Thursday, June 19, 2008

Inlaws and outlaws

Tobi and I watched a documentary on TV this week called Inlaws and Outlaws. It's a interwoven set of interviews with couples who have been together for a long time. Most of the couples are gay.

I liked the film because it did not sugarcoat the challenges of having a successful long-term relationship. Tobi and I paused the movie a number of times and discussed some of the issues it brought up. It was very thought-provoking. It was inspiring as well, since many of the couples had built very strong and loving relationships.

A trailer can be found here. I can really recommend this film.

Tuesday, June 17, 2008

Wednesday, June 11, 2008

Coming out documentary

I watched a good documentary on public television tonight called Anyone and Everyone. It focuses mostly on religious families with gay kids, including one (impressive) LDS family. I found the stories to be believable and very touching.

The film will be broadcast on public television stations around the US this month. See here for a schedule. Recommended, especially for families and friends.

(Another documentary is being recorded right now on my DVR.... It looks good, but I haven't seen it yet. It's called Inlaws and Outlaws. It tells the courtship stories of some gay and straight couples.)

Tuesday, June 10, 2008

June brides

This weekend Tobi and I took the train to Portland, Oregon. The occasion was the Portland Rose Festival, possibly the only summer festival gayer than gay pride. The rose parade was a perfectly preserved slice of 1950s Americana. (Rodeo queens! Marching bands! Elderly 'rosarians' in cream colored suits!)

Portland is a great city; I could easily imagine living there someday. It's friendly, clean and has great public transportation. I like it a lot. Tobi and I did some of the usual touristy things there, including visiting Portland's beautiful Japanese garden.

On Saturday night we happened to walk by a drag show and on a lark decided to go in.

Little did we realize that we had run across a Portland institution that has been going on for more than 40 years. And we also didn't realize at first that we were there on "straight night" when the theater is filled with young women out for bachelorette parties prior to getting married.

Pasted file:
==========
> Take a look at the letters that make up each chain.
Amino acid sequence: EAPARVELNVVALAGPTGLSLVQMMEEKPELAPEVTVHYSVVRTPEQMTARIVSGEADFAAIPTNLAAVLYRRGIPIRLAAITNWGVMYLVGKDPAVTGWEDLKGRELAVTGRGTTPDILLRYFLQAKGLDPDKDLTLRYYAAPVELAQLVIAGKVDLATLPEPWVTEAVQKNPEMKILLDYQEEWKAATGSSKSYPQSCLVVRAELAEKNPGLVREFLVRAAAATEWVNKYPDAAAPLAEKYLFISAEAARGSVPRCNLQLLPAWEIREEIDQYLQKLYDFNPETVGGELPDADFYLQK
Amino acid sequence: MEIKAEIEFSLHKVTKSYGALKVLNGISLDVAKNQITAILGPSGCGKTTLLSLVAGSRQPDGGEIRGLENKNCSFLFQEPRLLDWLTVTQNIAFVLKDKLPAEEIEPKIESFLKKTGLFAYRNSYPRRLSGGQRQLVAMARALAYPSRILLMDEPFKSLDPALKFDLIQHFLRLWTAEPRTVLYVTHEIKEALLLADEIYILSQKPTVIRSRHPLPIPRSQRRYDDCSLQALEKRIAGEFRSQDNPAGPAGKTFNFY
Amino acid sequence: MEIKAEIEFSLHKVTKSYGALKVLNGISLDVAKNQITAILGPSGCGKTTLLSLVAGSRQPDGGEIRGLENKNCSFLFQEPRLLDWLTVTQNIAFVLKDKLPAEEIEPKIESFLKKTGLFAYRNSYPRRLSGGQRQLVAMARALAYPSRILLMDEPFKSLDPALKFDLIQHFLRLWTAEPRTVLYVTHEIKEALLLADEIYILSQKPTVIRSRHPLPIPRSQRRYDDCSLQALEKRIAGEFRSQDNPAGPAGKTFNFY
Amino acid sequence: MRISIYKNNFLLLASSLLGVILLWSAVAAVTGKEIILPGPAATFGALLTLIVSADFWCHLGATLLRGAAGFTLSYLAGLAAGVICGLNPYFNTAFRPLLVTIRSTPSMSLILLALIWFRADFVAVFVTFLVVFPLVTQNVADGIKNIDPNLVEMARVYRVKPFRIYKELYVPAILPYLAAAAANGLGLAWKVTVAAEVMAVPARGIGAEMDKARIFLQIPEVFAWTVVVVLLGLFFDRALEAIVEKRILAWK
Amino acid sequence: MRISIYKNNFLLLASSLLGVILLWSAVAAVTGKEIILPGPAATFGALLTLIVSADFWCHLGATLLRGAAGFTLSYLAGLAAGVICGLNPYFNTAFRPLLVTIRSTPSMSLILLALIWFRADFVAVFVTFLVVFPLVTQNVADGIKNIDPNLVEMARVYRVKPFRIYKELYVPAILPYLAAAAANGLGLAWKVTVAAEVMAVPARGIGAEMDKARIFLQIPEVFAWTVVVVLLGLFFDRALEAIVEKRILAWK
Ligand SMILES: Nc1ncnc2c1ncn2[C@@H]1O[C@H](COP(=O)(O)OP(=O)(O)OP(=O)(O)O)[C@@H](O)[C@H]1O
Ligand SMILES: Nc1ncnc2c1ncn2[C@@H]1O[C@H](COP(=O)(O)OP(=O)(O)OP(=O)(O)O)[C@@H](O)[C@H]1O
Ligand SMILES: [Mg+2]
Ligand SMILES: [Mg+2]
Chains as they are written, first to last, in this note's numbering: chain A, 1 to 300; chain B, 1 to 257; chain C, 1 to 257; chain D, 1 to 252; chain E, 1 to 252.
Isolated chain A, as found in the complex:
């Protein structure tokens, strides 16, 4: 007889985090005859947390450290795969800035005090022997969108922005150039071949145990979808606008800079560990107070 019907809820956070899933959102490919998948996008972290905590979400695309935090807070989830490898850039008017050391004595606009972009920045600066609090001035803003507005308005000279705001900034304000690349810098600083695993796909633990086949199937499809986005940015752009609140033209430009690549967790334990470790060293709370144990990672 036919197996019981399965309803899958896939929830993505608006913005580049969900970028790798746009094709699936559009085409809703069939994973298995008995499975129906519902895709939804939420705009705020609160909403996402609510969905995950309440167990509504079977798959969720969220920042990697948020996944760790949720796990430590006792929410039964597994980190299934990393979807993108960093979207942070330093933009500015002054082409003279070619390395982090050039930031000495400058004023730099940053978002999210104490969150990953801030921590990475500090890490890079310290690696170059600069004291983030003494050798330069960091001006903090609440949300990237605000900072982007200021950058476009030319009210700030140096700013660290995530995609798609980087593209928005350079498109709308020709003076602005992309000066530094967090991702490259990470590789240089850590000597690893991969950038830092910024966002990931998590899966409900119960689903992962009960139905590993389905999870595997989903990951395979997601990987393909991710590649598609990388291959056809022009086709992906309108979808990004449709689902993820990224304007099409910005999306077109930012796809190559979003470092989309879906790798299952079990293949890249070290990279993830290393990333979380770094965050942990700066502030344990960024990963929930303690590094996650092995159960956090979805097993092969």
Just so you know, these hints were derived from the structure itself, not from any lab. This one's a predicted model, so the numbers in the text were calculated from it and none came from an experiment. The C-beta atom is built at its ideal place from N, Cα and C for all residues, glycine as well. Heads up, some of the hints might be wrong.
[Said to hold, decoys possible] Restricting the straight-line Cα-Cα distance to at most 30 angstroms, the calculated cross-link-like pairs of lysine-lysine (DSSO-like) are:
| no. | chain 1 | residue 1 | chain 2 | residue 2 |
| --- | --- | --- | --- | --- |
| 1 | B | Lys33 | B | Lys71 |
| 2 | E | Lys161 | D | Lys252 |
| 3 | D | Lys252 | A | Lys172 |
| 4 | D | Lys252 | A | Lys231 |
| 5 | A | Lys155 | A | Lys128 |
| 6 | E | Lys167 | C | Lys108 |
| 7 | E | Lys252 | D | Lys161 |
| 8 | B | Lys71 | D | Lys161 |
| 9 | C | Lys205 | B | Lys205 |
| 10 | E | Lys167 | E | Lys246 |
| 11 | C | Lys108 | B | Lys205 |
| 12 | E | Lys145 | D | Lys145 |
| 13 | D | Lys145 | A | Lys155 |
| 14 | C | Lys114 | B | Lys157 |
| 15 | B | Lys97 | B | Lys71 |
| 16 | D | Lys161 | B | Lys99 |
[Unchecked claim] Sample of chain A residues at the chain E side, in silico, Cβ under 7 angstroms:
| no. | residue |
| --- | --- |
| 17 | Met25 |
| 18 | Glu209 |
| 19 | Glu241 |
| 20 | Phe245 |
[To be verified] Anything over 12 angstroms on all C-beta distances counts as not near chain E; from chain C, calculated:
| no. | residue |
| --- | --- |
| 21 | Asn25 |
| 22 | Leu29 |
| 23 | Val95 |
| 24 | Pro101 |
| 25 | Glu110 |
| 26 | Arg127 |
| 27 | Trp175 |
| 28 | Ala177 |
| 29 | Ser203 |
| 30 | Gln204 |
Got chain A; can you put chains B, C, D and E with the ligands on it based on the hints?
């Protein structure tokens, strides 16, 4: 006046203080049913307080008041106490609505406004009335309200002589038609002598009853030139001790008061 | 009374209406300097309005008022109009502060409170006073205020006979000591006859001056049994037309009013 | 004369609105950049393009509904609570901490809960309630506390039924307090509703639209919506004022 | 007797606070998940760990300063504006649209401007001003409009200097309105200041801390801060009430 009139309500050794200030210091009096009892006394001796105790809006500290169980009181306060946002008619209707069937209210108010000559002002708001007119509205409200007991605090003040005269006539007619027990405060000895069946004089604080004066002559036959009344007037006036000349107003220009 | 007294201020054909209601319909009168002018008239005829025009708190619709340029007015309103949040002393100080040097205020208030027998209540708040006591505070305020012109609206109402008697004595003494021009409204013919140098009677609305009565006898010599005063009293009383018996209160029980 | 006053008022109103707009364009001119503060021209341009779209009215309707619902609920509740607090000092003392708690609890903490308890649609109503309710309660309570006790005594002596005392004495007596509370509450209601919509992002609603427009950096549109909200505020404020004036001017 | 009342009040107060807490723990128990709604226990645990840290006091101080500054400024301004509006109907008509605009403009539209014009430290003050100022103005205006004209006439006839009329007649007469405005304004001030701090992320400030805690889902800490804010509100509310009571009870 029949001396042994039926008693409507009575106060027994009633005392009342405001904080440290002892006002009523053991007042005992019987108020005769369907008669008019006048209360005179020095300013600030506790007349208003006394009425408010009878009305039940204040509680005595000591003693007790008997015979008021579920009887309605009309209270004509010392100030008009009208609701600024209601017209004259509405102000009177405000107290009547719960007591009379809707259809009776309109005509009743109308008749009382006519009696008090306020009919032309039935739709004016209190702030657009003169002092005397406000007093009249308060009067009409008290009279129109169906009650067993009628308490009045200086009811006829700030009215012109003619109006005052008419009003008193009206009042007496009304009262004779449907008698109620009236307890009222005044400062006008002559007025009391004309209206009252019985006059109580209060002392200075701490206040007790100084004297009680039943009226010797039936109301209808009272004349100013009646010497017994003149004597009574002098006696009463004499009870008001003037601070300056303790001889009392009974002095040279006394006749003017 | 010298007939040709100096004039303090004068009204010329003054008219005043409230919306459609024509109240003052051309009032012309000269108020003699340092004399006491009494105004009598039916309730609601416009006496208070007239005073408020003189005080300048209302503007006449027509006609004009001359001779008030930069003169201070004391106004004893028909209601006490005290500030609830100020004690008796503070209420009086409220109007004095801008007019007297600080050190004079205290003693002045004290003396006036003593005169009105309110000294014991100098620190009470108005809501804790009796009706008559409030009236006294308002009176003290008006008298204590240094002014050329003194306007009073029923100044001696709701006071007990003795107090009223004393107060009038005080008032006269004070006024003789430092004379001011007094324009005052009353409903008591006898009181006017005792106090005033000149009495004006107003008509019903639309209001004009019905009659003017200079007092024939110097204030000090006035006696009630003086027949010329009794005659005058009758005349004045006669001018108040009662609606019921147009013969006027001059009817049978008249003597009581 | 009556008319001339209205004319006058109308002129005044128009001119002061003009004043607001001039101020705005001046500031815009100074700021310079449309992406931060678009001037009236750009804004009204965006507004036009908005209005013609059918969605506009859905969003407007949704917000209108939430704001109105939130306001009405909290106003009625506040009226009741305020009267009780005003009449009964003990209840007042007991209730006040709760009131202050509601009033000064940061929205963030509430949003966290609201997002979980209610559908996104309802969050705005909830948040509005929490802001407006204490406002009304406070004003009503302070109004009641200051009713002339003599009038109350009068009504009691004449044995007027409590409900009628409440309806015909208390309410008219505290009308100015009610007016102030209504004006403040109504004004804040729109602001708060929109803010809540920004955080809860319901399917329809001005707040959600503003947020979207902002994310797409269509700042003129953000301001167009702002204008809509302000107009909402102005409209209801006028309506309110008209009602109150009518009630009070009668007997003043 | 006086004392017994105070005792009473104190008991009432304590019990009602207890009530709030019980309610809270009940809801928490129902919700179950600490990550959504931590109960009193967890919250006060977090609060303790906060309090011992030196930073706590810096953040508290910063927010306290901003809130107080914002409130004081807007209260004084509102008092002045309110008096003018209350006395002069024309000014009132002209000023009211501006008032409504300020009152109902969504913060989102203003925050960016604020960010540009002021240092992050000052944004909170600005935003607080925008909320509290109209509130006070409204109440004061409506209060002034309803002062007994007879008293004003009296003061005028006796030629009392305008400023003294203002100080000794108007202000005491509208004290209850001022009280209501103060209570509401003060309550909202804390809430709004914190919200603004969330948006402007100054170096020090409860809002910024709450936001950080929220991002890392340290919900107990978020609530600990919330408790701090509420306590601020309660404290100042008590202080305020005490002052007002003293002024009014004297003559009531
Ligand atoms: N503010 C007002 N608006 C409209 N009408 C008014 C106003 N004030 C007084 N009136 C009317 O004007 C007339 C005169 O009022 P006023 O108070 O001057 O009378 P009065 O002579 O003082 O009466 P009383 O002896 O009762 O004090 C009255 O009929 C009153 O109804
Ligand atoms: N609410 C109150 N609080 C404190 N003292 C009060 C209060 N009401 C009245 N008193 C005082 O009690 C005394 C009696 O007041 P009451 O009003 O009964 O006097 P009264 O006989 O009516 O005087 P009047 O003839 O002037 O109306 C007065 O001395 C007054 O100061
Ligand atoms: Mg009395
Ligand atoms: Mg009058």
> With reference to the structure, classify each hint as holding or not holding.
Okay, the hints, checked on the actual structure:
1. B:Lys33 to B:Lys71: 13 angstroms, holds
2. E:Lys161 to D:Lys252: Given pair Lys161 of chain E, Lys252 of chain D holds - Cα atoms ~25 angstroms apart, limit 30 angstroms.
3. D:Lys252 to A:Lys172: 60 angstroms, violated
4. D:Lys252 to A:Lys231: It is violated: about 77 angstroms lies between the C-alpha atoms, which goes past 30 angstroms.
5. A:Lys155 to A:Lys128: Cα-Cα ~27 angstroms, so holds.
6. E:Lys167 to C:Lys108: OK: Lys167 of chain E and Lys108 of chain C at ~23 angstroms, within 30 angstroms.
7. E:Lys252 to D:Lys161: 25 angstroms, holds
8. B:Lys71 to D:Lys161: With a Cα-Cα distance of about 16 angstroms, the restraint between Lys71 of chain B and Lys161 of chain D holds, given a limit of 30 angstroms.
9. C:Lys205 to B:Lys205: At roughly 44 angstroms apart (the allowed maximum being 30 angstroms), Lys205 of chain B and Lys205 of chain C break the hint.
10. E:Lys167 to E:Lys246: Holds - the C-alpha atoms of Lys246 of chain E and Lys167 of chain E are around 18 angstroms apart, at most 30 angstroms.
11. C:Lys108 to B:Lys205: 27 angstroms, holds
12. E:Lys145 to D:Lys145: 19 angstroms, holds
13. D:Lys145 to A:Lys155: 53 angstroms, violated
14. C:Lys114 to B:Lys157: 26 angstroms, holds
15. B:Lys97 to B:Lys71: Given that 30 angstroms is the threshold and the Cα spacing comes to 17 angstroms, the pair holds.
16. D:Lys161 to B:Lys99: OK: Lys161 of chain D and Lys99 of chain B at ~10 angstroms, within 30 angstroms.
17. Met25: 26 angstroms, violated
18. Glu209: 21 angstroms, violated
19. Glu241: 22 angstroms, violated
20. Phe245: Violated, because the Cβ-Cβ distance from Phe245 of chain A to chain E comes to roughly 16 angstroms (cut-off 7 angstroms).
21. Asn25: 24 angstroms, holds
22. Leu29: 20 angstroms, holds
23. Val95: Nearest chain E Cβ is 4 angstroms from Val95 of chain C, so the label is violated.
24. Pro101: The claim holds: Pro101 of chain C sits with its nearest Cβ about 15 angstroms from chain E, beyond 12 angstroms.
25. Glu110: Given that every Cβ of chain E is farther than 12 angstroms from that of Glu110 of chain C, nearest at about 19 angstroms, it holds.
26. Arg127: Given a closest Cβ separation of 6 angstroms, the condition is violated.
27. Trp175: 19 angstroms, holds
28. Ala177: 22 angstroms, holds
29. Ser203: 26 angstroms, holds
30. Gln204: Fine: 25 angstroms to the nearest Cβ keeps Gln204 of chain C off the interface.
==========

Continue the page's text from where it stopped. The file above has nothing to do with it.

It took me a while to figure out what was going on. Tobi and I were just about the only men in the theater when the show started. (Isn't drag a gay thing?) The missing piece of information was that the drag show was to be followed by a male strip show. The women were mostly there for the strippers. Mystery solved.

I have to say, the enthusiasm of the brides-to-be and their friends was fun to watch. The crowd was extremely boisterous and giggly. The show itself was a slightly naughty Las Vegas-style revue with male performers dressed as glamorous women. Overall the show was quite 'gay' in sensibility. I thought the drag queens were almost tender in interacting with the audience, teasing them gently about getting married and about being straight. There was really a good connection between the performers and the girls in the audience. (My favorite performer was Poison Waters, a warm and funny and glamorous diva if there ever was one.)

About halfway through the show I had a small revelation: the theater was filled with women in their early and mid twenties watching over-the-top camp and loving it. All of a sudden I thought: These girls would have no trouble at all with legalizing gay marriage. They're on our side. It was one of those moments when you realize you've seen the future.

Even the strip show was wholesome, in a silly, raunchy kind of way. Tobi and I stayed on afterwards for part of it but left halfway through because it was getting late. (Yes, we needed to sleep more than watch 'firemen' take off their gear. Pathetic, I know.)

Monday, June 2, 2008

Gin, libraries and me

This is my 100th post, so I thought a bit of meta-blogging might be appropriate.

Assertion: Gin is to public libraries as TV sitcoms are to blogging.

Can you say why? (Think about it for a minute.)

For the answer, check here. It's a lovely essay on the phenomenon of blogging.